Upon discharge from the hospital, I was given no medication and virtually no help. "Lose weight and bring down that blood pressure," cautioned one doctor, "or you'll never..." Embarrassed, he looked up into my young face, ruffled my hair, and walking down the hall, called back, "Take care now, hear?"
Knowing of no other alternatives, I did what I saw adults do then and what many still do today. I continued the same practices that had proved unsuccessful in the first place, promising myself that this time I would try harder.
I tried harder and harder and harder, but the results never improved. At fourteen they hospitalized me again, this time trying to determine the cause of headaches, foggy thinking, and an odd assortment of seemingly unrelated symptoms such as panic attacks and sweating. I was addicted to diet pills by this time and used the hospital stay as a chance to break the drugs' hold on me. Still, my doctors were intent on finding a cause for my neurological problems. Had they but checked my insulin and blood sugar levels after I ate high-carbohydrate foods, they would have uncovered the blood sugar swings that were causing these classic hypoglycemic responses. Instead, they did a multitude of brain scans and EEGs and were never able to find proof of the petit mal epilepsy they believed to be responsible for my symptoms.
Back at home, the torrent of teasing, ridicule, and humiliation that filled my every waking moment was unspeakable, and had I been able to do anything -- anything -- about it at all, I would have. And though doctors told my parents that I obviously didn't want to lose weight or I would have done so, they were terribly wrong.
To me, a typical adolescence would not have been a time of turmoil and distress. It was my fondest wish.
I know now that, like my parents and brother before me, I was the unfortunate victim of a physical imbalance that caused me to gain weight easily and to crave starches, snack foods, junk foods, and sweets with an intensity that I could hold off for only so long. My body ached for these high-carbohydrate foods, it screamed for them, and though at times I literally cried as I ate them, I could not stop myself. Sometimes I would eat them until I was sick, then fall into a semi-stupor of sleep or walk around in a kind of drugged fog.
My weight climbed, and the state of my health plummeted. By seventeen I weighed more than three hundred pounds. My blood pressure remained dangerously high, and my heart was unable to handle the strain. By my mid-teens I had developed an irregular heartbeat and a murmur; a young heart that should have been healthy and strong was literally being torn apart from within. Now any exertion brought heart pain. It was not long before I was diagnosed with adult-onset diabetes. In high school I spent most of my senior year at home, though I'm not sure whether I really felt ill or just wanted to avoid my classmates' unrelenting abuse.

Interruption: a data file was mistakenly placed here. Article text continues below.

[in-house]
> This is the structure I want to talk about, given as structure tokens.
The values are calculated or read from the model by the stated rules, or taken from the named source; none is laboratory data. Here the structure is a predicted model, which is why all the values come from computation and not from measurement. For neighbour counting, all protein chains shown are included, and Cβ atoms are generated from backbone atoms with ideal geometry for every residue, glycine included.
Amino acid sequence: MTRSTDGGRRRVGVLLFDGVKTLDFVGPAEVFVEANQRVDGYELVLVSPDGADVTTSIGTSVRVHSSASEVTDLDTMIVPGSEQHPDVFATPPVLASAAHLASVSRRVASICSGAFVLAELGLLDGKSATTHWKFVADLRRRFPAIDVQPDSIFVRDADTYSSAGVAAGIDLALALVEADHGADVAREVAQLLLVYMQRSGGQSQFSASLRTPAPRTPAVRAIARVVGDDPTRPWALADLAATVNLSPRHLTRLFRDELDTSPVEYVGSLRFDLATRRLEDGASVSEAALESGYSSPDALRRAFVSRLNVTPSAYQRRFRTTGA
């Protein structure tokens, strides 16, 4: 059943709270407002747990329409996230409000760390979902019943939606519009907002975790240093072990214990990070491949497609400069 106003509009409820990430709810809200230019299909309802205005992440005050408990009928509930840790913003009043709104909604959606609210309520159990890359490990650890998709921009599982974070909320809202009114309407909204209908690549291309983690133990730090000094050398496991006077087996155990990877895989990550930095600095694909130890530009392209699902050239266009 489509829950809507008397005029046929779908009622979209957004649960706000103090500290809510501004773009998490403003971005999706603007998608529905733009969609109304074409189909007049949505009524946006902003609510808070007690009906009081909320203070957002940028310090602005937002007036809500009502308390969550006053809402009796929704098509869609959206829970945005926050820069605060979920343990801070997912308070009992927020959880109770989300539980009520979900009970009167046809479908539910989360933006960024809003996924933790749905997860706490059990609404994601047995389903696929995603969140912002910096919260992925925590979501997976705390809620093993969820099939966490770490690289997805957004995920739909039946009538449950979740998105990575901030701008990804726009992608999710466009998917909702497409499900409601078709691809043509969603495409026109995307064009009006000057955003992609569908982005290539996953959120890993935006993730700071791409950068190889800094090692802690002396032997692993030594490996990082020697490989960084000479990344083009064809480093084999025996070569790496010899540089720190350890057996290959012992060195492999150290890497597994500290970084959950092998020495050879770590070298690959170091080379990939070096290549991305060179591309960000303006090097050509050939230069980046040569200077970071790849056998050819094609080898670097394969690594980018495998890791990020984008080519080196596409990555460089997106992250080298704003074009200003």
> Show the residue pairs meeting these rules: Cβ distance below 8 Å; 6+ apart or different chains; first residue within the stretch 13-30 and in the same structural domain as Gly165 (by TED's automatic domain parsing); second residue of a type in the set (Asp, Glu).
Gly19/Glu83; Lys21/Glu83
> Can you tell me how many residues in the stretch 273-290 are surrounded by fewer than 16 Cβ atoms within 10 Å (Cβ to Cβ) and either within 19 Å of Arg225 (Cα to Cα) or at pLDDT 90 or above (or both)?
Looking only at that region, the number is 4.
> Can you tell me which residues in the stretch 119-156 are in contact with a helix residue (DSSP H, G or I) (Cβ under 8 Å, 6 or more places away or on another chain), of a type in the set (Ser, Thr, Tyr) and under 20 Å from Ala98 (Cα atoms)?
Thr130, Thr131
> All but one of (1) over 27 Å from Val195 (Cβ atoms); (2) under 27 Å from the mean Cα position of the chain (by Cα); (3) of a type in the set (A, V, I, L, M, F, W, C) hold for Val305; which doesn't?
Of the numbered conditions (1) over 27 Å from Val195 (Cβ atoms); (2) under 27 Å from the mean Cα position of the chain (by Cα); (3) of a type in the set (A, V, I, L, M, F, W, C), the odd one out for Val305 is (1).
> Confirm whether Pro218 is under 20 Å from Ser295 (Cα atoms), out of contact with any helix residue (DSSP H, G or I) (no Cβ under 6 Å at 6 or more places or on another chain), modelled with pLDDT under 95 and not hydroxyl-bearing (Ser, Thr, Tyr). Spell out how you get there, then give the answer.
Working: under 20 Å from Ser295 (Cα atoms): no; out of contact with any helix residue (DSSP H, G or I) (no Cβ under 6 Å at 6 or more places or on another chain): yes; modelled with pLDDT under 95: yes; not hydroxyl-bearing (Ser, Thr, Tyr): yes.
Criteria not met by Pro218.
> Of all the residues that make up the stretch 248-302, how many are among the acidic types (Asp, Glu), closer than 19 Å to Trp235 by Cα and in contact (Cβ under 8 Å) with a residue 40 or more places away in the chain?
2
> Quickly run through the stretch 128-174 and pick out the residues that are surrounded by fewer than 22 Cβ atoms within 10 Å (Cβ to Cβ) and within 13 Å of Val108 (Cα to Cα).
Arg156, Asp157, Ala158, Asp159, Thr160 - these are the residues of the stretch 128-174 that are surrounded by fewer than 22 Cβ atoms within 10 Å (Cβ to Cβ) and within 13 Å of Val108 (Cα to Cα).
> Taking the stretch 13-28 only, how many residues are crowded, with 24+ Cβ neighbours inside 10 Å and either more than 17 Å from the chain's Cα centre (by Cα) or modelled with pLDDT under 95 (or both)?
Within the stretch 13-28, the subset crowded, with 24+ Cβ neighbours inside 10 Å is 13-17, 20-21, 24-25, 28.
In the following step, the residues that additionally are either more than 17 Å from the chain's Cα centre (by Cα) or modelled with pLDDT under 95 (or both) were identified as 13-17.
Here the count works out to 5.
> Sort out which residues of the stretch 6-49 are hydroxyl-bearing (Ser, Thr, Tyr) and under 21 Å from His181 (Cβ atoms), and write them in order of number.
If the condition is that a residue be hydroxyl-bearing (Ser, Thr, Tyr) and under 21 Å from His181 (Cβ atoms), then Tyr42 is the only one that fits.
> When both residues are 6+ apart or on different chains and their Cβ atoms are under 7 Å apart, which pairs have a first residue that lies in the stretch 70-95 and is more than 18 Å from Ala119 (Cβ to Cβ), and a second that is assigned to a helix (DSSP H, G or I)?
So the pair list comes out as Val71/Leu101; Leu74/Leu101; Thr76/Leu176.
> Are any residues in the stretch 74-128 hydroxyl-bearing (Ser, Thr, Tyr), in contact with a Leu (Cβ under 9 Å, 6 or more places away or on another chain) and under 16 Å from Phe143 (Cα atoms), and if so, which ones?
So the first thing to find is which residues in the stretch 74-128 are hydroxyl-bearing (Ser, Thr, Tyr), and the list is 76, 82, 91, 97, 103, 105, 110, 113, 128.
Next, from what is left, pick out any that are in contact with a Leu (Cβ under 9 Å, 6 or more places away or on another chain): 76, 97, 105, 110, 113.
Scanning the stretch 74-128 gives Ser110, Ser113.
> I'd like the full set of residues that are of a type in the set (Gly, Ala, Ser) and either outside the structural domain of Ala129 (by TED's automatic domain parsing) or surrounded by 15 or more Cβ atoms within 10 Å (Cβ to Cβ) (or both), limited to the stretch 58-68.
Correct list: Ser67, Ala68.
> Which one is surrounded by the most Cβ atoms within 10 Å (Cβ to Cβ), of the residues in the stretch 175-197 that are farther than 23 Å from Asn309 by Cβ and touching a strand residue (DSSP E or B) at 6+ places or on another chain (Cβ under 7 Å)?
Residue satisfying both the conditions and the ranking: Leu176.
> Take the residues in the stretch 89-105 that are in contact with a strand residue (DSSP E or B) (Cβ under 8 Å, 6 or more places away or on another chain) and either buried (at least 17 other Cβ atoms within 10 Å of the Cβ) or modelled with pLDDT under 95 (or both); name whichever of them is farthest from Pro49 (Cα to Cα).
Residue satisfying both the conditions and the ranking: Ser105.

The irony of this horrendous state of affairs is that I had done everything in my power to lose weight and get healthy. At nine years of age, I had a weekly appointment with a weight-loss doctor. I was a veteran of diets and diet pills by the time I was eleven. A year later I knew the calorie count of every food in the supermarket. From diet pills to diet pops, from cellulose cookies to calorie counting, I had tried them all before I had even hit my teens. Nothing worked.
With each new weight-loss approach, the story was the same. I would boost my motivation, talk myself into action and commitment, and be successful for a few days or a few weeks. Then, sooner or later, the cravings would return, and I would find myself out of control. With each attempt I became more frustrated, angry with myself, fatter, and sicker. I was clearly in a lose-lose situation with regard to just about everything. I couldn't give up, and it made no sense to keep trying. But keep trying I did--every new book, new approach, new diet. I would try it, and though with each new attempt I felt my enthusiasm wane, I still gave it my best. In the long run, I always failed. Then I'd wait until I couldn't stand it any longer, and I would try something new.
A Man Called Intrepid author dies aged 89(Dec 03 2013) William Stevenson, a journalist and author who drew on his close ties with intelligence sources to write two best-selling books in the 1970s, A Man Called...